A study testing an online training designed for young people to help shift focus away from worry
The Shift Focus research study is led by Professor Colette Hirsch and launched in September 2021. The team is embedded within the Cognition in Emotional Disorders and Resilience (CEDAR) Group within the Institute of Psychiatry, Psychology & Neuroscience.
Many of us, including young people, experience high levels of worry that they find hard to shift away from. Our previous research found that a single session training increased control of worry during a stop worry task in the short term. We are currently developing a new user-friendly mobile app to help manage worry and enable users to shift their mind away from worry when they want to.
Our study aims to determine whether the training leads to a greater ability to stop worry when it starts, to lower levels of overall worry. We are looking at this in young adults aged 16-25 years old. We will also assess the acceptability of the training and the feasibility of conducting a future large-scale trial.
Principal Investigator: Professor Colette Hirsch (Professor in Cognitive Clinical Psychology & Clinical Psychologist).
Co-Investigators: Jessica Steward (Research Assistant), Victoria Ferreira (Honorary Research Assistant), Hayley O’Sullivan (Trainee Clinical Psychologist).
Who are we looking for?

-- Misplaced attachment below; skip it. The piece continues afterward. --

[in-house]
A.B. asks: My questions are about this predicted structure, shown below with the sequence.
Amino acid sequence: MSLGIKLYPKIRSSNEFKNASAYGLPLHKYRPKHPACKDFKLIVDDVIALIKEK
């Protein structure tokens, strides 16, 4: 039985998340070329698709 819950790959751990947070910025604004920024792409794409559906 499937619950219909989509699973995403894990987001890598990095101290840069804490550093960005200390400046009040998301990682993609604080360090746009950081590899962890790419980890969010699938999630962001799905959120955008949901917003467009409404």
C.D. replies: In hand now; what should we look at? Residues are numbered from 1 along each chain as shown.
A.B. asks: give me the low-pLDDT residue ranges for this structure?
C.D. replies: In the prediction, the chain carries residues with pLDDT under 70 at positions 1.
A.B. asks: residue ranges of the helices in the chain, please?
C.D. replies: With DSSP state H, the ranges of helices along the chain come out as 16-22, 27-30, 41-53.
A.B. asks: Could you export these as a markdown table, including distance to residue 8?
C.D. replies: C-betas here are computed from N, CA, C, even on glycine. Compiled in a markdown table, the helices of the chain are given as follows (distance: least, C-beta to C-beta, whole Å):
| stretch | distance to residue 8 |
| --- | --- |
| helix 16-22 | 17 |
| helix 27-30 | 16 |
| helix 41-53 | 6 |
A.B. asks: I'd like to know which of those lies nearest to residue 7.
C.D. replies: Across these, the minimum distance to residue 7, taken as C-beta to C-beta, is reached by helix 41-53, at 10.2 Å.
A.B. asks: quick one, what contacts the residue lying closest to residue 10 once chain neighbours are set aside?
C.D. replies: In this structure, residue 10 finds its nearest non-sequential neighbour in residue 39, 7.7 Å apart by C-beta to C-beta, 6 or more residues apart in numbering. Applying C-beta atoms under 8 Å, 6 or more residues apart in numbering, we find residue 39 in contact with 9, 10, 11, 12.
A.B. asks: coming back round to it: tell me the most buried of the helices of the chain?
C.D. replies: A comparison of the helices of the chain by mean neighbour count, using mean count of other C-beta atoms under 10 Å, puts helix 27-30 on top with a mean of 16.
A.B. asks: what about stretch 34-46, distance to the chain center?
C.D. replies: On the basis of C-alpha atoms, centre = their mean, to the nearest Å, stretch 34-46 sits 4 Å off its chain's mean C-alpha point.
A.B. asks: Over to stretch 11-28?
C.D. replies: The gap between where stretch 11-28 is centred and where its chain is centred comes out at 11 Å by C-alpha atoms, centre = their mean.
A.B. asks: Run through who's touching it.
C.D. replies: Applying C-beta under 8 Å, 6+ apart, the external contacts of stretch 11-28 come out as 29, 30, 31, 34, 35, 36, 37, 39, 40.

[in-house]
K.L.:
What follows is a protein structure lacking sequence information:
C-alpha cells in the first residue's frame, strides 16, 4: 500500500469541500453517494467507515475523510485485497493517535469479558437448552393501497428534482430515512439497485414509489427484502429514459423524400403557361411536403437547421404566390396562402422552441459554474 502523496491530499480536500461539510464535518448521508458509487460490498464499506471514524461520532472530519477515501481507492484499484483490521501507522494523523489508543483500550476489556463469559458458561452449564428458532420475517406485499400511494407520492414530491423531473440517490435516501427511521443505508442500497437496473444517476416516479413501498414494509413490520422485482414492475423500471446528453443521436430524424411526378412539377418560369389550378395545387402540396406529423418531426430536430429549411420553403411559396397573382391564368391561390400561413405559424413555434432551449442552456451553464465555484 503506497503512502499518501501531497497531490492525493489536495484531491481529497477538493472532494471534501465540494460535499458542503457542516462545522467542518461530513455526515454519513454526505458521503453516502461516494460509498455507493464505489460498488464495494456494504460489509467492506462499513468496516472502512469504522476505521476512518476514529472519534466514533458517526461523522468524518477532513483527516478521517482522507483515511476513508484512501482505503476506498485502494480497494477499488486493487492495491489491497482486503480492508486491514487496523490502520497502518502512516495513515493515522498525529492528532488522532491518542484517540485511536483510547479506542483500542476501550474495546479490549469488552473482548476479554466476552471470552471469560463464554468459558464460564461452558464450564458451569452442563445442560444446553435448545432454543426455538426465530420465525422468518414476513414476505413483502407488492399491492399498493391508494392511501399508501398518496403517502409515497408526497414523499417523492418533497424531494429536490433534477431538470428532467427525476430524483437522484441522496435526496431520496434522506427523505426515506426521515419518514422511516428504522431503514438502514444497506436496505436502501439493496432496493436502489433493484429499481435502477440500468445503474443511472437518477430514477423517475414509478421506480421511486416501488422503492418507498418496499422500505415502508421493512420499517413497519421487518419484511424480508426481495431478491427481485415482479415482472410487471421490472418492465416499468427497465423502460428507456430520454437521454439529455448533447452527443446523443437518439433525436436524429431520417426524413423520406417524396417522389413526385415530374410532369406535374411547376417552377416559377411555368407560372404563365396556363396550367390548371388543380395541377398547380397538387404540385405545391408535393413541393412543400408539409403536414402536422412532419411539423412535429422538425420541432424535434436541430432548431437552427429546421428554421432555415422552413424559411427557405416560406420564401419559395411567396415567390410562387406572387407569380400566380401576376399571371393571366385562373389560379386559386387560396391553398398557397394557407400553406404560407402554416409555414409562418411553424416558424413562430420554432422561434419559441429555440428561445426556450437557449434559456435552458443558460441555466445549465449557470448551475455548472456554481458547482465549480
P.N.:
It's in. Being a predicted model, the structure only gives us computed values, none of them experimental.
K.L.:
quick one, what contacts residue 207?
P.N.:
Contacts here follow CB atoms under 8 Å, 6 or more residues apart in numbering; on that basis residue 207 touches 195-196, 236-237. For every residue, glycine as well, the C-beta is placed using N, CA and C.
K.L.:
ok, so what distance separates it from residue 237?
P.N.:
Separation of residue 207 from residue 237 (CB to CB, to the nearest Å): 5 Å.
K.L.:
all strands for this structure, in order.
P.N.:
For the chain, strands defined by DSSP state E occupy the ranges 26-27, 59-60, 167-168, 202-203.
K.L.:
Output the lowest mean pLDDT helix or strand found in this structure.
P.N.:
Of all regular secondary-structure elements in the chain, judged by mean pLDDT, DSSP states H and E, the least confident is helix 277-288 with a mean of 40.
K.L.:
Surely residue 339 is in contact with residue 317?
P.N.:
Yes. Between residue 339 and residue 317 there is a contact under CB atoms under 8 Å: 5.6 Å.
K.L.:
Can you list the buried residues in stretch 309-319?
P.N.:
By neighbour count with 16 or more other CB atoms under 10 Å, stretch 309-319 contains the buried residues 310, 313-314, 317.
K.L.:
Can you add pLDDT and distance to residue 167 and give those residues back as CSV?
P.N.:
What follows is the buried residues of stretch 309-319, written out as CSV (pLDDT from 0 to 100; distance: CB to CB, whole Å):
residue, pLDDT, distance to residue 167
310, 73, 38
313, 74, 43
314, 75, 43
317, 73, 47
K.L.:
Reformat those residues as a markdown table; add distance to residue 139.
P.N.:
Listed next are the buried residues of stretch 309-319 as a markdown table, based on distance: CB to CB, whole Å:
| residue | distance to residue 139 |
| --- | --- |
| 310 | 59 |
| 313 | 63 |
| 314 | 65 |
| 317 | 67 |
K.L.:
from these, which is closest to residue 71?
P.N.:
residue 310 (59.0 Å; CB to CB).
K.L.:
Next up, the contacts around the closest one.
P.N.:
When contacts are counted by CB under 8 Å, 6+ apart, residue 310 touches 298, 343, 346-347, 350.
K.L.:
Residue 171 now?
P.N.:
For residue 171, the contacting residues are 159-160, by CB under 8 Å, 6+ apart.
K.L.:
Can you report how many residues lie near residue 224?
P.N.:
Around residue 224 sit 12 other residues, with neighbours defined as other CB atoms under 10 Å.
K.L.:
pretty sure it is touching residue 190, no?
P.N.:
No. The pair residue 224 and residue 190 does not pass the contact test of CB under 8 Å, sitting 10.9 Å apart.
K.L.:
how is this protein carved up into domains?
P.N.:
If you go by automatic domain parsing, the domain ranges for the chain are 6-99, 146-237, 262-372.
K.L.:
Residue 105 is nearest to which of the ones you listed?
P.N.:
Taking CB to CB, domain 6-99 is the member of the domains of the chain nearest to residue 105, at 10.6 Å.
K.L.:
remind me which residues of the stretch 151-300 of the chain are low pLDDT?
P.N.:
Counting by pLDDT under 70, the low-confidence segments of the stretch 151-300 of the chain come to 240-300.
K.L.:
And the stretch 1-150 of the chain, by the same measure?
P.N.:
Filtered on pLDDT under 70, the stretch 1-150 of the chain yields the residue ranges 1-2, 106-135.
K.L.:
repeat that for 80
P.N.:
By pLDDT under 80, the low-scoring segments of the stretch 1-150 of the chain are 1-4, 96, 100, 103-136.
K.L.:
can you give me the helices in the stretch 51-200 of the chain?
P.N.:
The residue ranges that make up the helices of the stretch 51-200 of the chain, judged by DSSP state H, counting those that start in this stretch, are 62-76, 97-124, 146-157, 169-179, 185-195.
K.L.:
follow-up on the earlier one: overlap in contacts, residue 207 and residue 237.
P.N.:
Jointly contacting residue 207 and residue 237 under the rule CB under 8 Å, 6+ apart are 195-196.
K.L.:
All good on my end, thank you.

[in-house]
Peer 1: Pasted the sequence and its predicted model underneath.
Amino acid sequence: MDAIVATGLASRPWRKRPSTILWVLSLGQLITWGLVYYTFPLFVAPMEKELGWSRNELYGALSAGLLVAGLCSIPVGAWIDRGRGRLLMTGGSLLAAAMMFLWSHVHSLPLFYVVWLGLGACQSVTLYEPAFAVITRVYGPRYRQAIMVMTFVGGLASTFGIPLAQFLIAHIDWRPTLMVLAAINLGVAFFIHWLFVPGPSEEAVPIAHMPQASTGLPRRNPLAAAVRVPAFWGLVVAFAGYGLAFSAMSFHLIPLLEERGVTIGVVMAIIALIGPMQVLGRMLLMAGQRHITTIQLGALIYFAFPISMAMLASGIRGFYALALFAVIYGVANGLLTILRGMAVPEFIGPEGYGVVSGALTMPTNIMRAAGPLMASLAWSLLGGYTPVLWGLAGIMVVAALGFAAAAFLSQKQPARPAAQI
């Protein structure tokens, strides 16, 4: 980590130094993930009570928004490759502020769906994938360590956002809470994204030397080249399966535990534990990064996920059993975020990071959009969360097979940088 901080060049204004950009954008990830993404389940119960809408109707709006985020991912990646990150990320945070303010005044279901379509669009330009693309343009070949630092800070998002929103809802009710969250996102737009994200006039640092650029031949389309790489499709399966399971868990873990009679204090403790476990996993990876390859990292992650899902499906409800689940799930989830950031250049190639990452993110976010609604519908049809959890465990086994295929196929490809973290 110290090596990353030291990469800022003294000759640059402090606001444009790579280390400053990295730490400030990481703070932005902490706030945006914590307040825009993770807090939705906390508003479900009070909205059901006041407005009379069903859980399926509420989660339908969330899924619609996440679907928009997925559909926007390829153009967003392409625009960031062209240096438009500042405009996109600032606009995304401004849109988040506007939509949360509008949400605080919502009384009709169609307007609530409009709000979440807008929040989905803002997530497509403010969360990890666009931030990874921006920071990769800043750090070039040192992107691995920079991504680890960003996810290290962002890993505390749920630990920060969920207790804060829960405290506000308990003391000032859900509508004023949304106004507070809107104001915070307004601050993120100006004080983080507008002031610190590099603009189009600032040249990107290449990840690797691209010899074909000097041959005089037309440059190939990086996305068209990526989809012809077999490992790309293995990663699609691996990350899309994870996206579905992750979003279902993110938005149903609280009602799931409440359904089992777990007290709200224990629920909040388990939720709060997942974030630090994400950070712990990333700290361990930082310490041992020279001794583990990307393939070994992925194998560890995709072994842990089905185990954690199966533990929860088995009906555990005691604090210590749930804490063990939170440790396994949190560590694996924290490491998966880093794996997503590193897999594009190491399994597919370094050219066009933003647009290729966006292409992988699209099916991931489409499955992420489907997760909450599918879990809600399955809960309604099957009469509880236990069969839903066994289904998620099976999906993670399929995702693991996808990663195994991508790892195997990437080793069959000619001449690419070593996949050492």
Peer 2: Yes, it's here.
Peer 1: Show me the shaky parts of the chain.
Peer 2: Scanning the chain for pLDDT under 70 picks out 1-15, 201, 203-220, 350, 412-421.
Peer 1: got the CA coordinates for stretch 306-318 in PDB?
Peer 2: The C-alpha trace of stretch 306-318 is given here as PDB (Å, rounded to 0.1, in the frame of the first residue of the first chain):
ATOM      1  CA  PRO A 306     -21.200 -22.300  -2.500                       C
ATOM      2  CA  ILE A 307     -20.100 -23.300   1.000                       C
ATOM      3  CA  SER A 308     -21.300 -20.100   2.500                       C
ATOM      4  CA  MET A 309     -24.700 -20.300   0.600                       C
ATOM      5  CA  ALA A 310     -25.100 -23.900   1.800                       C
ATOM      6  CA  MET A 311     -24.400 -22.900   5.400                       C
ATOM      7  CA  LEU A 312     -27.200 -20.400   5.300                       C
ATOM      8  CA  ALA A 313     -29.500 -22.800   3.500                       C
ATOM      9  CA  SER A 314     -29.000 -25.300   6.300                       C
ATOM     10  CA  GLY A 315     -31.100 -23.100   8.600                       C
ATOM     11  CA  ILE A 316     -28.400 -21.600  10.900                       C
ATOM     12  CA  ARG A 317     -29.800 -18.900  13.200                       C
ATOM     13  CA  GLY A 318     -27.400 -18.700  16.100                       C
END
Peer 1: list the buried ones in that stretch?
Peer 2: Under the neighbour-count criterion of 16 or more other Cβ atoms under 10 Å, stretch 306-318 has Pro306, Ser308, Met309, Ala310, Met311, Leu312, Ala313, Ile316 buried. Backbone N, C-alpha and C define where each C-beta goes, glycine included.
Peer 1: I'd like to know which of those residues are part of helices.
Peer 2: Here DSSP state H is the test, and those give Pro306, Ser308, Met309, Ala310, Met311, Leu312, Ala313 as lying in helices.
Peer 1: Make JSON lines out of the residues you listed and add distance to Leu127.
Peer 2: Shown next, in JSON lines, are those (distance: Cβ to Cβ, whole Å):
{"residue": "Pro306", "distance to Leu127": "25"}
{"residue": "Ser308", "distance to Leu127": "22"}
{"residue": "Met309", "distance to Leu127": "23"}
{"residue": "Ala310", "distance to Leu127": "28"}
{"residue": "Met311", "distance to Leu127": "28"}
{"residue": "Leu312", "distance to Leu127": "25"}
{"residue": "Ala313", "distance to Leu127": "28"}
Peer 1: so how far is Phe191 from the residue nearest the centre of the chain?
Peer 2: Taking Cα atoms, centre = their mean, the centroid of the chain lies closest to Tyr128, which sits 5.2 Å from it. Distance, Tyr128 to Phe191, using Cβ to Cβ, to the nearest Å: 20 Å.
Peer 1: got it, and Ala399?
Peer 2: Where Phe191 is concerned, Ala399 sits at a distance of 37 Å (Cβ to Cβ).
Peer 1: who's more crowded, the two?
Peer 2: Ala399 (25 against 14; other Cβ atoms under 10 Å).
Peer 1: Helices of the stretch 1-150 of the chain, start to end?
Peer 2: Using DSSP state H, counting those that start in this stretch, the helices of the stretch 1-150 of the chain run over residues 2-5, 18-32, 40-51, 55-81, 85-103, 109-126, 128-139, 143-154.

We are aiming to recruit 102 young adults aged 16-25 years old who find it difficult to stop worrying. The young adults will be randomised to complete the multi-session training on a mobile app or to the “life as usual” group.
Patient and Public Involvement (PPI)
We are lucky to work with young adults from the Child and Adolescent Mental Health Services (CAMHS) Digital Research Advisory Group based in Greater Manchester Mental Health NHS Foundation Trust and young people in CAMHS in South London and Maudsley NHS Foundation Trust. The young people provide invaluable feedback and are working collaboratively with us to develop our new online sessions.
We worked with Dr Aika Hui to develop short accessible animations to explain psychological concepts in our online sessions. The audio and visuals for the animations have been informed by young people from CAMHS. Dr Hui’s work can be found here: TheOxfordPsych
The study has received ethics clearance from the College Research Ethics Committee at King’s College London (HR-19/20-14855).
The project is funded by MQ Mental Health Research.